[18] See Restatement (Second) Foreign Relations Law of the United States § 41 (1965).

[19] See Banco de España v Federal Reserve Bank of New York, 114 F.2d 438, C.A.2 1940

[20] 425 US 682 (1976).

[21] Libra Bank Ltd. v Banco Nacional de Costa Rica 570 F. Supp. 870 (SDNY 1981); Libra Bank Ltd. v Banco Nacional de Costa Rica, 676 F.2d 47, C.A.2 (N.Y.) (1983).

[22] 570 F.Supp. 870, 881-882.

[23] Hazel Fox,The Law of State Immunity, Oxford University Press, 2002, p. 484.  (OUP Oxford 2002). Also see Banco Nacional de Cuba v Sabbatino, 376 U.S. 398.

[24] Republic of Argentina v. Weltover Inc., 504 U.S. 607 (1992).

[25] ‘Second Circuit determines that Argentine central bank is not alter ego of Argentina’ Jeanna Rickards Koski, Caplin & Drysdale, 2016.

[26] Nos. 18-2797 & 18-3124, Slip Op., (3d Cir. July 29, 2019).

[27] Lee C. Bucbheit and Jeremiah S. Pam, ‘Uruguay’s Innovations’ [2004] J.I.B.L.R. 28.

[28] See Alan Beattie, ‘Uruguay Provides Test Case for Merits of Voluntary Debt Exchange’, Financial Times, 23 April 2003.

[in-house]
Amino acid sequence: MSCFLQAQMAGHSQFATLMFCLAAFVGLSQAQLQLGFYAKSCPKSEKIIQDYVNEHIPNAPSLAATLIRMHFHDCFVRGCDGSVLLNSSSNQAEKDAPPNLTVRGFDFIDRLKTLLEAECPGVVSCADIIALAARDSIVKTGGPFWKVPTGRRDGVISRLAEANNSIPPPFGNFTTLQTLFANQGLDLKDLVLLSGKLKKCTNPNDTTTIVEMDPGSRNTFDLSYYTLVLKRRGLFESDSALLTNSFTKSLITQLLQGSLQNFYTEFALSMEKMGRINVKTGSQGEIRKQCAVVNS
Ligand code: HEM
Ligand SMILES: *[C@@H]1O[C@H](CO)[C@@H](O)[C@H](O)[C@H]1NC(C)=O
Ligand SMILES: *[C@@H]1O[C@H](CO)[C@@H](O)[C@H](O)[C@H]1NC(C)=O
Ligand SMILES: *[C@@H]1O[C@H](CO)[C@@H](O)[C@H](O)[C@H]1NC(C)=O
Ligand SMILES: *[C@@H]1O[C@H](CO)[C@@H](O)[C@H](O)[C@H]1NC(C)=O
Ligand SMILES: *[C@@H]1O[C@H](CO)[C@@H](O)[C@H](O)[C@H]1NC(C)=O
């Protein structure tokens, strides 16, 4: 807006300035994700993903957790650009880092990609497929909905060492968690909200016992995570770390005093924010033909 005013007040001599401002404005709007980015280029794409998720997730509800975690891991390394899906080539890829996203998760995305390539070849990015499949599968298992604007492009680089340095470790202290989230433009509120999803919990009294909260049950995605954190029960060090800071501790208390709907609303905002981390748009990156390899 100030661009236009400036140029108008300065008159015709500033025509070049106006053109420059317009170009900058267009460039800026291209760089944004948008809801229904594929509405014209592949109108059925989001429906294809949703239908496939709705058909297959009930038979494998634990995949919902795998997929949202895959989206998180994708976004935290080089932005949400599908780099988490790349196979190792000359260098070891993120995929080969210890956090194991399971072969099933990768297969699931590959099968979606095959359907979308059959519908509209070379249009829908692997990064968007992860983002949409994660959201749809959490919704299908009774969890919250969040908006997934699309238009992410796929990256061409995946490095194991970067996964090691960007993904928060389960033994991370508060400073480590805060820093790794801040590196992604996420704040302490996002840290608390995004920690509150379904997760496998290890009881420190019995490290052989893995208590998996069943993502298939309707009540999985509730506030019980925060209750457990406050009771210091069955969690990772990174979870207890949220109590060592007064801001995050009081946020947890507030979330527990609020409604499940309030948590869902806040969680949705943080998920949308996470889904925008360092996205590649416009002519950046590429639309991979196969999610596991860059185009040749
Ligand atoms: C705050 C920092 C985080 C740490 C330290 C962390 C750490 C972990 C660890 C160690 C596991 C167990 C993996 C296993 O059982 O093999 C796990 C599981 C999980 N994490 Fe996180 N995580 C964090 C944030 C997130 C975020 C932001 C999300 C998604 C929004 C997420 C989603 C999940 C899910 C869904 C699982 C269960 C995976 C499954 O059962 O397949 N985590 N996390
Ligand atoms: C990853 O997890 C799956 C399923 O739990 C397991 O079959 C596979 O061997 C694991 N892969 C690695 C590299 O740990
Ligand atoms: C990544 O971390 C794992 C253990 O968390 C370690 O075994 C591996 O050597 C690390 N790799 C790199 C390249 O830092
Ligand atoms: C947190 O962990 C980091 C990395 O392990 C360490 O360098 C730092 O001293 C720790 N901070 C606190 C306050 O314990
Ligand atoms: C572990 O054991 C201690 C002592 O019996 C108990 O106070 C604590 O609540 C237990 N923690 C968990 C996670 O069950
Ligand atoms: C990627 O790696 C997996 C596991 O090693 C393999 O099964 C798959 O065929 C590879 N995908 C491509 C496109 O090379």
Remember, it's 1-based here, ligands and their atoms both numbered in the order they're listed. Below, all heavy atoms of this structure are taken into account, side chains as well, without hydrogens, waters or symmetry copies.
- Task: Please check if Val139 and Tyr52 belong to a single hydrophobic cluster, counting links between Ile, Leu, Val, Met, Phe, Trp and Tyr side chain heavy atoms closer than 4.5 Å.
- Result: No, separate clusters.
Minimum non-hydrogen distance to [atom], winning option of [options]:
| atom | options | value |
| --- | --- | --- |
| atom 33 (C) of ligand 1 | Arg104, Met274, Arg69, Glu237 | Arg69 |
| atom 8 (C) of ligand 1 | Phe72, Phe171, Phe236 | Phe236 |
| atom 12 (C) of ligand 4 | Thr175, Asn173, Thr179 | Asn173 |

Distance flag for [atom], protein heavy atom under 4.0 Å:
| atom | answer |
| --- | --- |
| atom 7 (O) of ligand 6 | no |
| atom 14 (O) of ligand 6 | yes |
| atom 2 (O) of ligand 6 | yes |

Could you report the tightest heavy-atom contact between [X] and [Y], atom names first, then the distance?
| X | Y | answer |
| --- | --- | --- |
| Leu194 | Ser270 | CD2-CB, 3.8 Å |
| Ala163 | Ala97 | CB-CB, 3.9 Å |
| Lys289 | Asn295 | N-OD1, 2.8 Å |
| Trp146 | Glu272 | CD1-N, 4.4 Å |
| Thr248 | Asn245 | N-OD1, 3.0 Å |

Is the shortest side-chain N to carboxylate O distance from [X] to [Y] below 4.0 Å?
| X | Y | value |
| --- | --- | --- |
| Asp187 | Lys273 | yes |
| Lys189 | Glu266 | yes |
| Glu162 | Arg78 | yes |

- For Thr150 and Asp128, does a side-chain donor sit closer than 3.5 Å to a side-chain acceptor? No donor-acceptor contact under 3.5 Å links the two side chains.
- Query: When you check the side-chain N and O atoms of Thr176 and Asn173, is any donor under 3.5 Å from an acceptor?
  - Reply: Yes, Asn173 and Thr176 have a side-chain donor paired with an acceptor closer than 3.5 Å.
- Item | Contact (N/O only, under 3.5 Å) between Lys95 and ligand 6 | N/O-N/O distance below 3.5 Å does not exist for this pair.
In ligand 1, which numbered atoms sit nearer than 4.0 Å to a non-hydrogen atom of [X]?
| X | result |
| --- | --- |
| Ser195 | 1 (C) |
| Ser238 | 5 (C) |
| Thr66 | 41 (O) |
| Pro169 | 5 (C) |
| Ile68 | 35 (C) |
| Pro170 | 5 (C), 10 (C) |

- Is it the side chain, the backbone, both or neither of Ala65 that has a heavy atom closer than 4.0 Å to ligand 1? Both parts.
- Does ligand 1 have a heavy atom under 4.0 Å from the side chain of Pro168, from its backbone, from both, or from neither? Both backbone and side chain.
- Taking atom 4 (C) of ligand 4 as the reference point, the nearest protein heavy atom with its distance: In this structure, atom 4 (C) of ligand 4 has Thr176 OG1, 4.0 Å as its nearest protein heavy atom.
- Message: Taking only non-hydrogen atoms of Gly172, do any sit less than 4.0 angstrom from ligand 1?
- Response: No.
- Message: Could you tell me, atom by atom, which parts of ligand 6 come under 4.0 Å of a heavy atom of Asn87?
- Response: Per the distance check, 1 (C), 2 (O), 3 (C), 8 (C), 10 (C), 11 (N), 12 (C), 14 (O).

[29] Lee C. Bucbheit and Jeremiah S. Pam, ‘Uruguay’s Innovations’ [2004] J.I.B.L.R. 28.

[30] For a detailed description on the 18 series issued see the Central Bank of Uruguay’s webpage available at

[31] Puhan Chunam and Federico Sturzenegger, Default Episodes in the 1980s and 1990s, What have we learned?; and Cleary, Gotlieb, Stean and Hamilton, ‘Uruguay in Groundbreaking $5.2 Billion Debt Restructuring’, May 29, 2003, available at

[32] Ibid.

[33] Ibid. Lee C. Bucbheit and Jeremiah S. Pam, ‘Uruguay’s Innovations’ [2004] J.I.B.L.R. 28.

[34] Elliott Assocs. L.P. General Docket No. 2000/QR/92 (Courts of Appeal of Brussels, 2000).

[35] Prospectus of the Republica Oriental del Uruguay, filed with the SEC pursuant to Rule 424 (b) (3) on 15 April 2003 and 9 May 2003, S-39 o S-41.

[36] Ibid. ‘Public sector instrumentality’ means Banco Central, any department, ministry or agency of the government of Uruguay or any corporation, trust, financial institution or other entity owned or controlled by the government of Uruguay or any of the foregoing, and ‘control’ means the power, directly or indirectly, through the ownership of voting securities or other ownership interests or otherwise, to direct the management of or elect or appoint a majority of the board of directors or other persons performing similar functions in lieu of, or in addition to, the board of directors of a corporation, trust, financial institution or other entity.

[37] Anna Gelpern, ‘What Iraq and Argentina Might Learn from Each Other’, Chicago Journal of International Law, Vol 6, No. 1, 2005, page 414.